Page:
• good for loading tables during ETL CREATE TABLE thing PARTITION OF other_thing DEFAULT;

UPDATE can now move rows into other partitions

  • in the past if you updated the value of the parition key column on a row, Postgres would throw an error
    • required a delete and a separate insert to move the row into a different partition
    • can move rows into and and out of default paritions

CREATE TABLE events ( logdate date not null, cost int, attendees int ) PARTITION BY RANGE (logdate);

CREATE TABLE events_y2016 PARTITION OF events FOR VALUES FROM ('2016-01-01') TO ('2017-01-01');

CREATE TABLE events_y2017 PARTITION OF events FOR VALUES FROM ('2017-01-01') TO ('2018-01-01');

INSERT INTO events (logdate, cost, attendees) VALUES ('2016-07-10', 66, 100); -- goes into events_y2016 table

UPDATE events SET logdate='2017-07-10';

CREATE TABLE events_landing PARTITION OF events DEFAULT;

INSERT INTO events (logdate, cost, attendees) VALUES ('2018-07-10', 66, 100); -- goes into events_landing

local partitioned indices

  • in the past with partitioned tables, you had to create the same indices on your paritions as well as your master table

    • could have cool different indices
  • indices on the master table get automatically created on the sub tables

    CREATE INDEX cost_idx ON events (cost);

    \d+ events_landing \d+ events_y2016 \d+ events_y2017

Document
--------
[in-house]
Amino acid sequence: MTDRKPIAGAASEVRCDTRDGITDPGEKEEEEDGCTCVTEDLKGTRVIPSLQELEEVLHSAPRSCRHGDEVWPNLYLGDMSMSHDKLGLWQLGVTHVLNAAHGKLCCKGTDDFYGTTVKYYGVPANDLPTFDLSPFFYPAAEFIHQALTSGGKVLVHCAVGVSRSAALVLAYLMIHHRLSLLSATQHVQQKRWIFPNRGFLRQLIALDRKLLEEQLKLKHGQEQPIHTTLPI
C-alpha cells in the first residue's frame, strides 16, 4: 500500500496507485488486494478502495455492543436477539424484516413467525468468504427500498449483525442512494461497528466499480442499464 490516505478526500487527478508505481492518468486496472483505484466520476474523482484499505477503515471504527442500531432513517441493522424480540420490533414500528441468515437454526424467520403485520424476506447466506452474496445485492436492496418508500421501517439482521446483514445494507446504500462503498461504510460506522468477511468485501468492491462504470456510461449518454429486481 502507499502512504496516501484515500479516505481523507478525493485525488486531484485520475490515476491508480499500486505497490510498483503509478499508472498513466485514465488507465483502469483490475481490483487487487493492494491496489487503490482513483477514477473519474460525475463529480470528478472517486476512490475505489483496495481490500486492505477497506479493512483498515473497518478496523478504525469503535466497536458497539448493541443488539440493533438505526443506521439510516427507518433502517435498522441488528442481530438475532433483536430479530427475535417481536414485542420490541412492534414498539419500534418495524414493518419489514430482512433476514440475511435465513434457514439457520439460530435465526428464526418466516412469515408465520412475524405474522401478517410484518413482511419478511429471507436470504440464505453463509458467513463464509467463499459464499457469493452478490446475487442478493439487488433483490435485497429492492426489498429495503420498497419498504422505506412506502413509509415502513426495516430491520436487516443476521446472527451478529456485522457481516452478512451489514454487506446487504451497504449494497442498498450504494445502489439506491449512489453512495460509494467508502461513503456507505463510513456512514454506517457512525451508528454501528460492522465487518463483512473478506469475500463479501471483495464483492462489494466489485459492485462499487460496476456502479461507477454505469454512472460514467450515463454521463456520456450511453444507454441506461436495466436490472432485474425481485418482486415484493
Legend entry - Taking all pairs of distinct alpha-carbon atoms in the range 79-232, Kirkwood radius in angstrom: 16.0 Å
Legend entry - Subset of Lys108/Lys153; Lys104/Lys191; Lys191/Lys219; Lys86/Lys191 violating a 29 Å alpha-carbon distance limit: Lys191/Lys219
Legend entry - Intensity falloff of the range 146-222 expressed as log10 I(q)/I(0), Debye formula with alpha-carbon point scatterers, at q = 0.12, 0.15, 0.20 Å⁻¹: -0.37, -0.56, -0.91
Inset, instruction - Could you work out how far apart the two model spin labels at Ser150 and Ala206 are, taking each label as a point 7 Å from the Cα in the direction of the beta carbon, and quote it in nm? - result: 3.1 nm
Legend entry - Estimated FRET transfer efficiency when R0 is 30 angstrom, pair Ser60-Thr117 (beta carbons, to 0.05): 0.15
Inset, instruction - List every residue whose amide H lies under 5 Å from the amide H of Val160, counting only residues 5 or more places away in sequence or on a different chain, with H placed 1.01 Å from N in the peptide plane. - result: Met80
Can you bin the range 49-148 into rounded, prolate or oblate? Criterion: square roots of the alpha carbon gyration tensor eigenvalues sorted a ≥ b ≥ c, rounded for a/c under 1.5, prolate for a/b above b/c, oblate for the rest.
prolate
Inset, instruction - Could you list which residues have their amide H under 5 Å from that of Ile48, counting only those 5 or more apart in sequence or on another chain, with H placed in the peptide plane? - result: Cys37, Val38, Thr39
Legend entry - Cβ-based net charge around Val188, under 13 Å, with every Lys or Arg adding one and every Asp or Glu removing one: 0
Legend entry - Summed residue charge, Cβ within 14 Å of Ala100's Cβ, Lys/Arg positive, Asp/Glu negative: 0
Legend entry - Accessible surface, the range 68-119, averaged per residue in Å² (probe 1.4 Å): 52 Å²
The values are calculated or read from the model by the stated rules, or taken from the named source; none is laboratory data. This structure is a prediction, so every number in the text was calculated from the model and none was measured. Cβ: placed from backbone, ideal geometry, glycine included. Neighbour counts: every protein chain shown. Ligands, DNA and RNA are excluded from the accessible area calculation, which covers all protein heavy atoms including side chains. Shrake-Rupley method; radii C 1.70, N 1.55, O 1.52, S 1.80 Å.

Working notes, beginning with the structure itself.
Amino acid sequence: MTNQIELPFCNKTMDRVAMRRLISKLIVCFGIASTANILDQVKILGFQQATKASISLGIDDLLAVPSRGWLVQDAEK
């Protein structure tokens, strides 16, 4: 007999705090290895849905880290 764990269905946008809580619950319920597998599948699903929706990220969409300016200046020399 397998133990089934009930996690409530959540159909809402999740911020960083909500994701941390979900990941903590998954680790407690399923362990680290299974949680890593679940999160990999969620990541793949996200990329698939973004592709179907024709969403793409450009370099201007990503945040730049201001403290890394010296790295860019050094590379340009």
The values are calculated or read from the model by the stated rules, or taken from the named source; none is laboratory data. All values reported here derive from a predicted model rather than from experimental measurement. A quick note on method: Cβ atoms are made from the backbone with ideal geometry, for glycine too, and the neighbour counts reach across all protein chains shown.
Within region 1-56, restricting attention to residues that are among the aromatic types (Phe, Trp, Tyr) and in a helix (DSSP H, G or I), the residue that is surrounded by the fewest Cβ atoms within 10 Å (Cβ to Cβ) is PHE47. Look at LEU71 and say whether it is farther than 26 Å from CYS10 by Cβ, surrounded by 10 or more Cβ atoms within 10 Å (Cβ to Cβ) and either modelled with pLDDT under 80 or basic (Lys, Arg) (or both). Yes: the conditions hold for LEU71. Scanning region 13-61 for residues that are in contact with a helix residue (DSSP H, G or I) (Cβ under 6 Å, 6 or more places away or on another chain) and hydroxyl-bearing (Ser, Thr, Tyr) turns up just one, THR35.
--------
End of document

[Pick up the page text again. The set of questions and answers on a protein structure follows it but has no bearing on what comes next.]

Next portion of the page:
• includes newly created partitions
      • can still create aditional indices on sub tables

cross partition UNIQUE constraints

ALTER TABLE events ADD PRIMARY KEY (logdate); ALTER TABLE events ADD CONSTRAINT must_be_unique UNIQUE (logdate, attendees);

\d+ events_landing \d+ events_y2016 \d+ events_y2017

  • if primary key and partition key overlap unique contraint can cascade down
  • must include all the partition keys

hash partitioning

  • doesn't work with constraint exclusion (resulting in scanning all partitions)
    • patch on the way right now!

CREATE TABLE hash_parts (words text) PARTITION BY HASH (words); CREATE TABLE hash_parts_zero PARTITION OF hash_parts FOR VALUES WITH (MODULUS 2, REMAINDER 0); CREATE TABLE hash_parts_one PARTITION OF hash_parts FOR VALUES WITH (MODULUS 2, REMAINDER 1);

INSERT INTO hash_parts SELECT sha256(stuff::text::bytea) FROM generate_series(0,10000) stuff;

partition-wise join

  • optimizer can use the identical partition key to join 2 tables
    • parition key mustbe the exact same on both tables
      • default: off

SET enable_partitionwise_aggregate=true;